The entrance to Kibbutz Nirim in the Eshkol Regional Council is similar to the area’s other kibbutzim: palm trees by the roadside, a yellow gate, green grass, mobile shelters, electric carts. Everything looks normal but for one small detail – the number of people walking amid all this dwindled considerably as soon as the rockets from Gaza started firing this week.
It’s not clear what made Nirim depopulate more than other communities in the area – the trauma of the 2014 conflict with Gaza or the fact that leaving under fire is no longer frowned upon. “Keeping children here in this situation is nonsense,” says a veteran kibbutz member.
The sudden decrease in the number of people doesn’t surprise those who stayed behind. Unlike in the past, they no longer think it’s against the kibbutz ethos or try to hide the phenomenon. According to the council, 36 of the kibbutz’s 100 families left it this week. In the rest of the council’s communities only 15 percent of the residents left. For comparison, 20 out of 300 families left Kibbutz Be’eri, and even then usually one of the parents went with the children while the other parent remained at home.
Some believe the 2014 Operation Protective Edge, during which the kibbutz’s security coordinator and another resident were killed from a mortar shelling, caused great anger toward the authorities and traumatized the residents. Others think it’s because many young families have joined the kibbutz over the past few years, some of which tend to leave anyway. “Everyone today has a car or two, they don’t ask whether to leave or not,” says kibbutz spokesman Arnon Avni.
Another reason, which could be closest to the truth, is the way Nirim’s members view the departure: Not only don’t they condemn it, they apparently encourage it more than in any other community.
In the 2008-2009 Operation Cast Lead, there was almost no thought of evacuating residents in the Gazan border area at large. In Nirim, though, they decided to evacuate almost all the residents to Kibbutz Mishmar Ha’emek in the Jezreel Valley, and the temporary arrangement became a recurring habit in the 2012 Operation Pillar of Defense and 2014 Protective Edge. But over the past five years the state’s approach has changed and today there are evacuation plans for every community along the Gaza border. Under the plan, Nirim residents are to move to Sde Boker. Since the recent events weren’t seen as a major operation, the state’s evacuation plans weren’t carried out – and anyone who wanted to leave the communities was obliged to do so on their own.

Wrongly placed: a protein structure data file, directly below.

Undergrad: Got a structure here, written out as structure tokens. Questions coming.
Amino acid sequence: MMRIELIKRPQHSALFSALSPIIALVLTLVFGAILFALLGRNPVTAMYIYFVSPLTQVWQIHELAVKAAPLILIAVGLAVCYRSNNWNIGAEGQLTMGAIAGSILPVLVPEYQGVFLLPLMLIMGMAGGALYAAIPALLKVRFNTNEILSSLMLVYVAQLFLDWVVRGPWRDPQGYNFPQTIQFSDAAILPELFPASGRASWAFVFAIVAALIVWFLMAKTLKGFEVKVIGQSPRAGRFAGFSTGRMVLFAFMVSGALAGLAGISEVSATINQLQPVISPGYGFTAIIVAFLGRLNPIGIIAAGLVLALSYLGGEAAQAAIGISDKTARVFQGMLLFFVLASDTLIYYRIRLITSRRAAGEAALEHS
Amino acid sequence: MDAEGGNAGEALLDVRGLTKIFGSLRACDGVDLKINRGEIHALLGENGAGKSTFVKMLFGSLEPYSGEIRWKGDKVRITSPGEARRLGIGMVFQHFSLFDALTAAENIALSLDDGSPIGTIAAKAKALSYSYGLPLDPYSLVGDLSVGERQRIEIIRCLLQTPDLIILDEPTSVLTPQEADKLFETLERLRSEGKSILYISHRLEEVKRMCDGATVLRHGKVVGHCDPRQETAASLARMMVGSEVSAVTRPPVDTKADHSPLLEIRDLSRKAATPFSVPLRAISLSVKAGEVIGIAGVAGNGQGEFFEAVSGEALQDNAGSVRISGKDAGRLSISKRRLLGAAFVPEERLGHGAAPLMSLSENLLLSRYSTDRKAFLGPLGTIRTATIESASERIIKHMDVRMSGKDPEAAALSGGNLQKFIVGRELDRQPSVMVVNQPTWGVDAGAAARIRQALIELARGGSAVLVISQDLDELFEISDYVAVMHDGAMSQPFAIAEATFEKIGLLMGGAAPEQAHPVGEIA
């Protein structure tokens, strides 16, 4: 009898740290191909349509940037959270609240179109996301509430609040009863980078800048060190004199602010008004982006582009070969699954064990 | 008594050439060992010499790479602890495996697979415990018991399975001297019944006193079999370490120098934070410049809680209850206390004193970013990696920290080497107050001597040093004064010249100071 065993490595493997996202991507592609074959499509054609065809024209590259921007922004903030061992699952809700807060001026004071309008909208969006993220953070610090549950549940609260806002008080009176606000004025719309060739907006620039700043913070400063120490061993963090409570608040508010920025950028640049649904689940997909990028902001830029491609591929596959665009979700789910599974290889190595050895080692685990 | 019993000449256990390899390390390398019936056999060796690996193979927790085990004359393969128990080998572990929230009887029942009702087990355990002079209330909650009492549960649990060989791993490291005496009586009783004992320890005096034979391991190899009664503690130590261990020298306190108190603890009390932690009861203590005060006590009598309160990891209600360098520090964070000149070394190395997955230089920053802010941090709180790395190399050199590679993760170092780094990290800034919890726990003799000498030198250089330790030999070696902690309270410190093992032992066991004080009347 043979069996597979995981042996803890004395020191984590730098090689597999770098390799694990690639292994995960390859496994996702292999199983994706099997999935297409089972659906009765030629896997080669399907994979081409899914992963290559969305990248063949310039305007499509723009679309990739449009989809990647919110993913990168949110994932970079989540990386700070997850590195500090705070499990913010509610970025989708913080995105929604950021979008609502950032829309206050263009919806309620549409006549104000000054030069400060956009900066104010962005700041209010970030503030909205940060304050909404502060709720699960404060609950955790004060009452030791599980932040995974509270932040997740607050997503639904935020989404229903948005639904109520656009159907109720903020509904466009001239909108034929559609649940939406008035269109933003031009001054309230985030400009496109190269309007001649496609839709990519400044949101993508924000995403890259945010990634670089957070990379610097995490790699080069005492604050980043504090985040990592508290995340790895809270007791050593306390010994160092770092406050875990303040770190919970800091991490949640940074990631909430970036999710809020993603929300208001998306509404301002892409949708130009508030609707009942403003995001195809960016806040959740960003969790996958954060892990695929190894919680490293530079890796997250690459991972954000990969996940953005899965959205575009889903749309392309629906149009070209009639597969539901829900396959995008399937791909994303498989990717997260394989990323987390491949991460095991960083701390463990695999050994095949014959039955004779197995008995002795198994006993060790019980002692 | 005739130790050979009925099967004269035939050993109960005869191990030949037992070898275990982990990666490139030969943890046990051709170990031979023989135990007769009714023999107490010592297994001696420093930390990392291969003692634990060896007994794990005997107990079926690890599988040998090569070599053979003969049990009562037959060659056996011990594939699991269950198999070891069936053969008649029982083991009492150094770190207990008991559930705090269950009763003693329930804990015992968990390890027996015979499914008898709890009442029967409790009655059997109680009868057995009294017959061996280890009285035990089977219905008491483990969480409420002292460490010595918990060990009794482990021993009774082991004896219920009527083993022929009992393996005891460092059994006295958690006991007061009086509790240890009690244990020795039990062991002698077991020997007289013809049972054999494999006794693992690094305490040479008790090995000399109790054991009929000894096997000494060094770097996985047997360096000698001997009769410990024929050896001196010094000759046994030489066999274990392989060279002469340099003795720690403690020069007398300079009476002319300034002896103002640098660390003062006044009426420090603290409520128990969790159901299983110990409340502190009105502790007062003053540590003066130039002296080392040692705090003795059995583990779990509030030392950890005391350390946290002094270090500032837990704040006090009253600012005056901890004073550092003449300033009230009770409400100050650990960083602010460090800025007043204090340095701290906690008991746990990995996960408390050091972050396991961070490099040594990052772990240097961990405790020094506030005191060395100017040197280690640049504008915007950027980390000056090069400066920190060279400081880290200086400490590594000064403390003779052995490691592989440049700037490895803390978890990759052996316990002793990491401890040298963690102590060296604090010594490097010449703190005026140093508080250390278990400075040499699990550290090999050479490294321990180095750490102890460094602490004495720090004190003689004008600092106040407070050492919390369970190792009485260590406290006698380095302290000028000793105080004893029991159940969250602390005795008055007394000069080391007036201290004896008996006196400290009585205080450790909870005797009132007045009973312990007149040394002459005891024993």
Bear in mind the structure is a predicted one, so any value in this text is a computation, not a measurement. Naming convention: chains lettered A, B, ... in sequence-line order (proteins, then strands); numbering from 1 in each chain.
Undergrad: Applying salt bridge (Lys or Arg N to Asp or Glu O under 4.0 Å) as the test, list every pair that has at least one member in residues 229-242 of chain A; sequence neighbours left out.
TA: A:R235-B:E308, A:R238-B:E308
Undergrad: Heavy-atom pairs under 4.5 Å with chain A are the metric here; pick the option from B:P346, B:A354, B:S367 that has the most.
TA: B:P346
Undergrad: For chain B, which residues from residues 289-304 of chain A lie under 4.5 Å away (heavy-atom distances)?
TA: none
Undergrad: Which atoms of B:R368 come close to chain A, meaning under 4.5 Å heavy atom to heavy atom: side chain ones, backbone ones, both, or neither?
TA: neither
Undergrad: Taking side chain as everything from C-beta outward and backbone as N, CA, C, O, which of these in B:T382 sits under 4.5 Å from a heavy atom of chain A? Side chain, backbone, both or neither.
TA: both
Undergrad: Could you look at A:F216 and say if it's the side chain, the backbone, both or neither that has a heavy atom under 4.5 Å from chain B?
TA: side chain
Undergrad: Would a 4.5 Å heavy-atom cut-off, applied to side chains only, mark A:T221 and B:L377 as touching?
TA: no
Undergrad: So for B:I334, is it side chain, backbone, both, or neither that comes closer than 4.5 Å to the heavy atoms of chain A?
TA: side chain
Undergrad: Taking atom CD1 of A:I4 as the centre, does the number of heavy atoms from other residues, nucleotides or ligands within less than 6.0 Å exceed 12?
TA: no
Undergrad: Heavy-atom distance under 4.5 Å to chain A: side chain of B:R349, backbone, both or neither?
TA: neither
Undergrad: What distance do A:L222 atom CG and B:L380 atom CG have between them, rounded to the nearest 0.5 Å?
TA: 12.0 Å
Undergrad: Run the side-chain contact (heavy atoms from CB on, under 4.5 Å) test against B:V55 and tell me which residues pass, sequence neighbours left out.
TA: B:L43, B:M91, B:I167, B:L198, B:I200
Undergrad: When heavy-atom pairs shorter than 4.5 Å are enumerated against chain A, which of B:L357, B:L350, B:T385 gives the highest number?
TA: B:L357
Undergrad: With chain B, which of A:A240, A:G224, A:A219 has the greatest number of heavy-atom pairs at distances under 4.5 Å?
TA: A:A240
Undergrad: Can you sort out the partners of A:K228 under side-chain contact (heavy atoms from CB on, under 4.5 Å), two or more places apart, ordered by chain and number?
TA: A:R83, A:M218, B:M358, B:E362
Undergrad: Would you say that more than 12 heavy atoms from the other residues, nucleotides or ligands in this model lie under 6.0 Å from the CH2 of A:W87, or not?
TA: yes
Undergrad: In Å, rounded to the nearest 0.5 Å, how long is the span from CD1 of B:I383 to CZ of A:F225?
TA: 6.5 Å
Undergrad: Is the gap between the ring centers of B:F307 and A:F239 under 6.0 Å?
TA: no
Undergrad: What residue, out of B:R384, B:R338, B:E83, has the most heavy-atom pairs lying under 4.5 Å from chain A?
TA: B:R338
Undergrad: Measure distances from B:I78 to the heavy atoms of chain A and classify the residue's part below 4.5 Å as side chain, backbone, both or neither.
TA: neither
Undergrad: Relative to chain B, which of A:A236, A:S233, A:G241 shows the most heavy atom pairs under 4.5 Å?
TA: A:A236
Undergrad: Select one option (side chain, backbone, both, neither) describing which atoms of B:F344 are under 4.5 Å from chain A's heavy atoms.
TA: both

Today it is no longer seen as a disgrace to leave the area in times of warfare. “Evacuation isn’t a weakness, it’s a legitimate coping resource – certainly in an area of continuous emergency,” says Meirav Vidal, manager of the Eshkol Regional Council’s Hosen (Resilience) Center. “I see it as a sign of a lot of strength, they know what’s right for them and go about it.”
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On Tuesday at 6 A.M., about an hour after the IDF spokesman announced the targeted killing of Baha Abu al-Ata, Tal Bornstein, his wife and four children were already at his mother-in-law’s in Be’er Sheva.
Bornstein spoke to the kibbutz secretariat, and a visit to Sde Boker was arranged for him. “Each one chooses what’s right for him,” he says. “We moved to the kibbutz in the 2014 war, we know what it’s like to be under relentless rocket fire. It eliminates any possibility of going out and letting off steam. We don’t want that. We think the right thing is to maintain a kind of normal life, even if it means evacuating.
“We support people who decided to leave,” said Avni, “and in extreme situations we’ll encourage others who have no role in the kibbutz at a time of emergency to leave as well. We don’t think the children need these experiences.”
Among the older kibbutz members one can see resistance to evacuation, either due to convenience or ideology. Ultimately “the family knows what’s good for it and we’ll help with any decision,” Avni said.
Reuven and Noa Domani, 82, chose to stay at home for the convenience. “You know how many medicines we have to take?” Noa asks with a smile. Reuven says: “I think the youngsters have more of a tendency to leave to take a breather.” But he’s not sure he would have left if he were young. In the previous rounds of fighting Noa traveled with the grandchildren to Mishmar Ha’emek and she believes leaving in time of emergency is the right thing to do – certainly in view of the traumas and fears she sees among the kibbutz children.
“It’s better to leave if you’ve got small children. I think anyone in this situation would do whatever possible to get the children out. If I had small children I would too. I don’t think it goes against the kibbutz ethos. Keeping children here in this situation is nonsense.”
Reuven, who was once the kibbutz head, doubts that if this situation had happened during his tenure, the kibbutz would have viewed it so favorably. “Our being here was a move of Zionist defiance, and raising children here was part of that statement,” he says. “Today it has no political or social significance.”